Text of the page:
Our bodies get sick sometimes. But if we look at the American health care system as a living body itself, we’re waiting in the ER. Many Americans are pessimistic about health care costs, and no wonder. Americans spend more on health care than people do elsewhere, and we get steeper bills and–for millions of us–bankruptcy, in return. “Sick Around the World” (PBS’s Frontline film) is an astute characterization of the big health care picture, and poses the question: Can the U.S. learn a thing or two about running our health care system when we zoom in on the delivery of services provided by the UK, Japan, Germany, Taiwan and Switzerland?

T.R. Reid, the mind behind the film and a veteran correspondent for The Washington Post, cites the World Health Organization’s rating of the U.S. health care system—37th in terms of quality and fairness.

Several facts support the believability of this low rating. A recent Robert Wood Johnson study found that the total cost for family coverage nationwide increased by 30% between 2001 and 2005, while incomes only grew by 3%. And in terms of quality, Consumer Reports found that 24% of Americans’ insurance barely covers their medical needs and leaves them unprepared to pay for major medical expenses. But Reid doesn’t leave the other examined nations off the hook, citing their downsides with the understanding that what may be working for nations like Japan may not roll over well here.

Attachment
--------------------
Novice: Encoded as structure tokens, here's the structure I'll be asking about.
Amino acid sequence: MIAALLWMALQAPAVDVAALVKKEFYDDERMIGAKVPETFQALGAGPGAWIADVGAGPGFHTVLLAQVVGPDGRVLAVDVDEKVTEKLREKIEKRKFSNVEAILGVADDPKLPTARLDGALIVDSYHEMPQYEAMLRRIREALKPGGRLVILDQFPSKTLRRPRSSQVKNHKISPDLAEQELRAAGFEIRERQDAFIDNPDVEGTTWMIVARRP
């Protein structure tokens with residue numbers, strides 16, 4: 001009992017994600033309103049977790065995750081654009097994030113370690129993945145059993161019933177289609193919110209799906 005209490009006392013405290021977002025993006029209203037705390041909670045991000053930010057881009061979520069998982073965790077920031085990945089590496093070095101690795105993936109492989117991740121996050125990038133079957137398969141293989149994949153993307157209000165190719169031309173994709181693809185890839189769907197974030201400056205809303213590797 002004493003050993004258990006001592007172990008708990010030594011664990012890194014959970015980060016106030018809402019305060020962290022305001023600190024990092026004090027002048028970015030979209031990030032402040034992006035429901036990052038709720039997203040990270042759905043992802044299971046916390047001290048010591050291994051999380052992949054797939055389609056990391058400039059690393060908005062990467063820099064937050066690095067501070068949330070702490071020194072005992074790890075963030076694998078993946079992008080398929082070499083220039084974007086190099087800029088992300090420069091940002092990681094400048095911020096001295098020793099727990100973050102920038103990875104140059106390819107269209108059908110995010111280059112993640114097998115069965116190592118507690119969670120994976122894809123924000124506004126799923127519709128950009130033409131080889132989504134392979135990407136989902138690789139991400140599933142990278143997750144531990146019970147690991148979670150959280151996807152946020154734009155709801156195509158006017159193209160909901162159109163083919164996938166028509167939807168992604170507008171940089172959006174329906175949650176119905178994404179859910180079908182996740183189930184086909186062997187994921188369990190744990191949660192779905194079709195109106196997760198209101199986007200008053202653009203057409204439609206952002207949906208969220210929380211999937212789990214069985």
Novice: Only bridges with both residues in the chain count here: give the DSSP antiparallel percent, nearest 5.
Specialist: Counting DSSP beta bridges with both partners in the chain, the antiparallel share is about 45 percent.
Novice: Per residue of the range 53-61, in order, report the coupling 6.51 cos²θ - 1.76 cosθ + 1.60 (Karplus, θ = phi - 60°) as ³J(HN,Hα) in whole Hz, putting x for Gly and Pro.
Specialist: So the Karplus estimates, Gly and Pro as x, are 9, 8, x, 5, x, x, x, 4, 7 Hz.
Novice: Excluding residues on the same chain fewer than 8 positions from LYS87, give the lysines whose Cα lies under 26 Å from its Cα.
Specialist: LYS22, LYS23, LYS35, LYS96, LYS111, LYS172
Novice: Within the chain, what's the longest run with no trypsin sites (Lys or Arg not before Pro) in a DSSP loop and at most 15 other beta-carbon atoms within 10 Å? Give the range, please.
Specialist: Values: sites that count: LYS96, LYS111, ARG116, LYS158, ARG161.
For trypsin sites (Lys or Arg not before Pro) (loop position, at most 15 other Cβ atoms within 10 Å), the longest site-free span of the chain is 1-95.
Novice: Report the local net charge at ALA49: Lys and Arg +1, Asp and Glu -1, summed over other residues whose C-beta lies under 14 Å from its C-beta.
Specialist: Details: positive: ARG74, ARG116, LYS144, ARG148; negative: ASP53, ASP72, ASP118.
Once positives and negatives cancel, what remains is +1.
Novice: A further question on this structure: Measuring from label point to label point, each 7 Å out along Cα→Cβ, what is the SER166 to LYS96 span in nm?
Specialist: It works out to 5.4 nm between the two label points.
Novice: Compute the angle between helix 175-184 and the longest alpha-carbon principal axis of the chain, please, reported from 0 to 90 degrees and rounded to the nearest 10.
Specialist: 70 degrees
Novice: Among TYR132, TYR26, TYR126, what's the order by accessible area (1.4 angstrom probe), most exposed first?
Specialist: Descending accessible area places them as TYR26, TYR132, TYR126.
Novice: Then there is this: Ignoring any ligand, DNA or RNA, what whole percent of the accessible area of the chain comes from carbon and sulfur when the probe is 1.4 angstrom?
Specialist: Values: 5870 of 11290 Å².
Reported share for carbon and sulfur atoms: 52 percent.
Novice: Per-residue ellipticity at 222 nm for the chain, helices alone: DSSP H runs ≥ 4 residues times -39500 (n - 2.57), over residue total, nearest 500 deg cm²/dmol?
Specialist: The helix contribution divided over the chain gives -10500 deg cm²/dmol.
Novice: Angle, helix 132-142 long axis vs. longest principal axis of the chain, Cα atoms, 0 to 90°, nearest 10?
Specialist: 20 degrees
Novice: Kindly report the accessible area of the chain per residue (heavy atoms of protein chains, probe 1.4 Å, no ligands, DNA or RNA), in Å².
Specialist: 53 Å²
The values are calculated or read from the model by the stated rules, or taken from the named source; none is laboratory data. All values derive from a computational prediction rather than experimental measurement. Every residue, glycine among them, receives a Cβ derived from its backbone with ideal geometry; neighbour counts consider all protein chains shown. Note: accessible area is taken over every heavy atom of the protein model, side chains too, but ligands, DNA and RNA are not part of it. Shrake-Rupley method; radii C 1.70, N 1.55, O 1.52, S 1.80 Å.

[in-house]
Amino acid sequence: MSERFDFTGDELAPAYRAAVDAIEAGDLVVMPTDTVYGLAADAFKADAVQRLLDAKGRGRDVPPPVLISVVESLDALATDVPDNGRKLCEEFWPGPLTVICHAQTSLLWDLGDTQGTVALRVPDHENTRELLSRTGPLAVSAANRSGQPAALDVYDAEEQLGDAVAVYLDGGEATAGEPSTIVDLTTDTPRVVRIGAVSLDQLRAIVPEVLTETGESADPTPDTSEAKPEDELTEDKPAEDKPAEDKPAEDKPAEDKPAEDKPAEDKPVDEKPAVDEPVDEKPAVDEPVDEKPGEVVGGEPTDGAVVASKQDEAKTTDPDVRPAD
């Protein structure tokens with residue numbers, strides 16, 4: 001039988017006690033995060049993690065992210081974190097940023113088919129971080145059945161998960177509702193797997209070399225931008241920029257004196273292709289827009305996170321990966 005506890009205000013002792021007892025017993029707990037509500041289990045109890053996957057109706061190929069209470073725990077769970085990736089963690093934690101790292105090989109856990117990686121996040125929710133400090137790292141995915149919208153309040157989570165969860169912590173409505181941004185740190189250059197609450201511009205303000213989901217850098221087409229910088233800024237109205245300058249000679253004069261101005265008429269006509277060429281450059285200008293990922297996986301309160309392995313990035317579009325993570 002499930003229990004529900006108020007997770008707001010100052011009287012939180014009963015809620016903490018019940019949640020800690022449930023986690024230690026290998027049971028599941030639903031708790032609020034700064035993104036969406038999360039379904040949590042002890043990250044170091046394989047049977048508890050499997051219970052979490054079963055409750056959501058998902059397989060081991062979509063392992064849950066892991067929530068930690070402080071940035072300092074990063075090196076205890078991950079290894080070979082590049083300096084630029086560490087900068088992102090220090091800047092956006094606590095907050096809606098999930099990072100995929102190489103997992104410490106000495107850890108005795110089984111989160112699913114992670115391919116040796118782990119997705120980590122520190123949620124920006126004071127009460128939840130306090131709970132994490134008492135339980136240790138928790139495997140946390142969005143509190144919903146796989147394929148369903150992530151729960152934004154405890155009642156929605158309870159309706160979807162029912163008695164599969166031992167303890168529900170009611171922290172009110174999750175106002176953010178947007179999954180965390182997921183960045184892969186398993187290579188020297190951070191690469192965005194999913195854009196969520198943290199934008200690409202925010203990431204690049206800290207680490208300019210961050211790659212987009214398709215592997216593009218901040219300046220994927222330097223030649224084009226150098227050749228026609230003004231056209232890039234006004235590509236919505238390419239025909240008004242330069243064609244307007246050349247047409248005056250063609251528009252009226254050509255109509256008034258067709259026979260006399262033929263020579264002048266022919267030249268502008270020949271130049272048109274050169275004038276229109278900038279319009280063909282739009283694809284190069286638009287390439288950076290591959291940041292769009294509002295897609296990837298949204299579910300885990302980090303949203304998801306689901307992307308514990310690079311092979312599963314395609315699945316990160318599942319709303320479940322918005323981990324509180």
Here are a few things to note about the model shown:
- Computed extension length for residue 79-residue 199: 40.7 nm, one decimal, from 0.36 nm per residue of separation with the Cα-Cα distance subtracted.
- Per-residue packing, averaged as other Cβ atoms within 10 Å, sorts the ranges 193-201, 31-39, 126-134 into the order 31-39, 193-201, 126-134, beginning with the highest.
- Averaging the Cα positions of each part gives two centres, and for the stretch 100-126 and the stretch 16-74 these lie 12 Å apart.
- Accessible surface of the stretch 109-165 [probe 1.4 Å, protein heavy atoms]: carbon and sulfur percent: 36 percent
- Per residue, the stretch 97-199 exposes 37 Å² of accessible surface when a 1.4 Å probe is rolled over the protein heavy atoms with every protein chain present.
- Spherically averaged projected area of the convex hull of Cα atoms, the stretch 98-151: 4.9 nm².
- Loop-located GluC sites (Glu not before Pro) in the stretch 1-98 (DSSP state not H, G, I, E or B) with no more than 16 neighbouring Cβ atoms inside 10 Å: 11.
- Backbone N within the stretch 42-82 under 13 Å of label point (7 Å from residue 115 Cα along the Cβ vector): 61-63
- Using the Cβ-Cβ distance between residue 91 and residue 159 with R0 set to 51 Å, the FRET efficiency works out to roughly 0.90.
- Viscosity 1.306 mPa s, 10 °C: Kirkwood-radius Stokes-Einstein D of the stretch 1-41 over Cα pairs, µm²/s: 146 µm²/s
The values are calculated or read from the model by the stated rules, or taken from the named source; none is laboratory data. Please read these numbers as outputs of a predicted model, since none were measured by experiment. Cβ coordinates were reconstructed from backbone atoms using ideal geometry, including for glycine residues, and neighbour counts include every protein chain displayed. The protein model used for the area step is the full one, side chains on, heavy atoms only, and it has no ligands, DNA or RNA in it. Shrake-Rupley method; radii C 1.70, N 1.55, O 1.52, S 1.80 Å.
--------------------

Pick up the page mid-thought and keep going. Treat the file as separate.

It’s unfortunate that we somehow spend more money for less health care than these countries. This may partly explain the growing trend of medical tourism, where Americans are traveling to Thailand, India, Brazil and other countries for cheaper health care procedures. ABC News reports that in 2005, one Thai hospital served over 50,000 American patients, a 30 percent increase from the previous year.

As the film suggests, we should learn from both our failures and our successes. In an interview, Reid explains Switzerland’s health care reform, which resulted in universal health coverage:

Switzerland decided it didn’t want to be a society where 5% of the population was unable to see a doctor when sick. That feeling was strong enough to overcome the powerful political opposition of the drug and health insurance industries.

Our lawmakers should make it their legislative priority to get us the health care that we deserve. Thanks to the thousands of you who’ve written to us about your health care problems, the Cover America Tour, sponsored by Consumer Reports Health is on a mission to make sure politicians promote commonsense solutions with you in mind. Visit www.CoverAmericaTour.org to follow the tour, check out videos, and tell us about your own health care experience.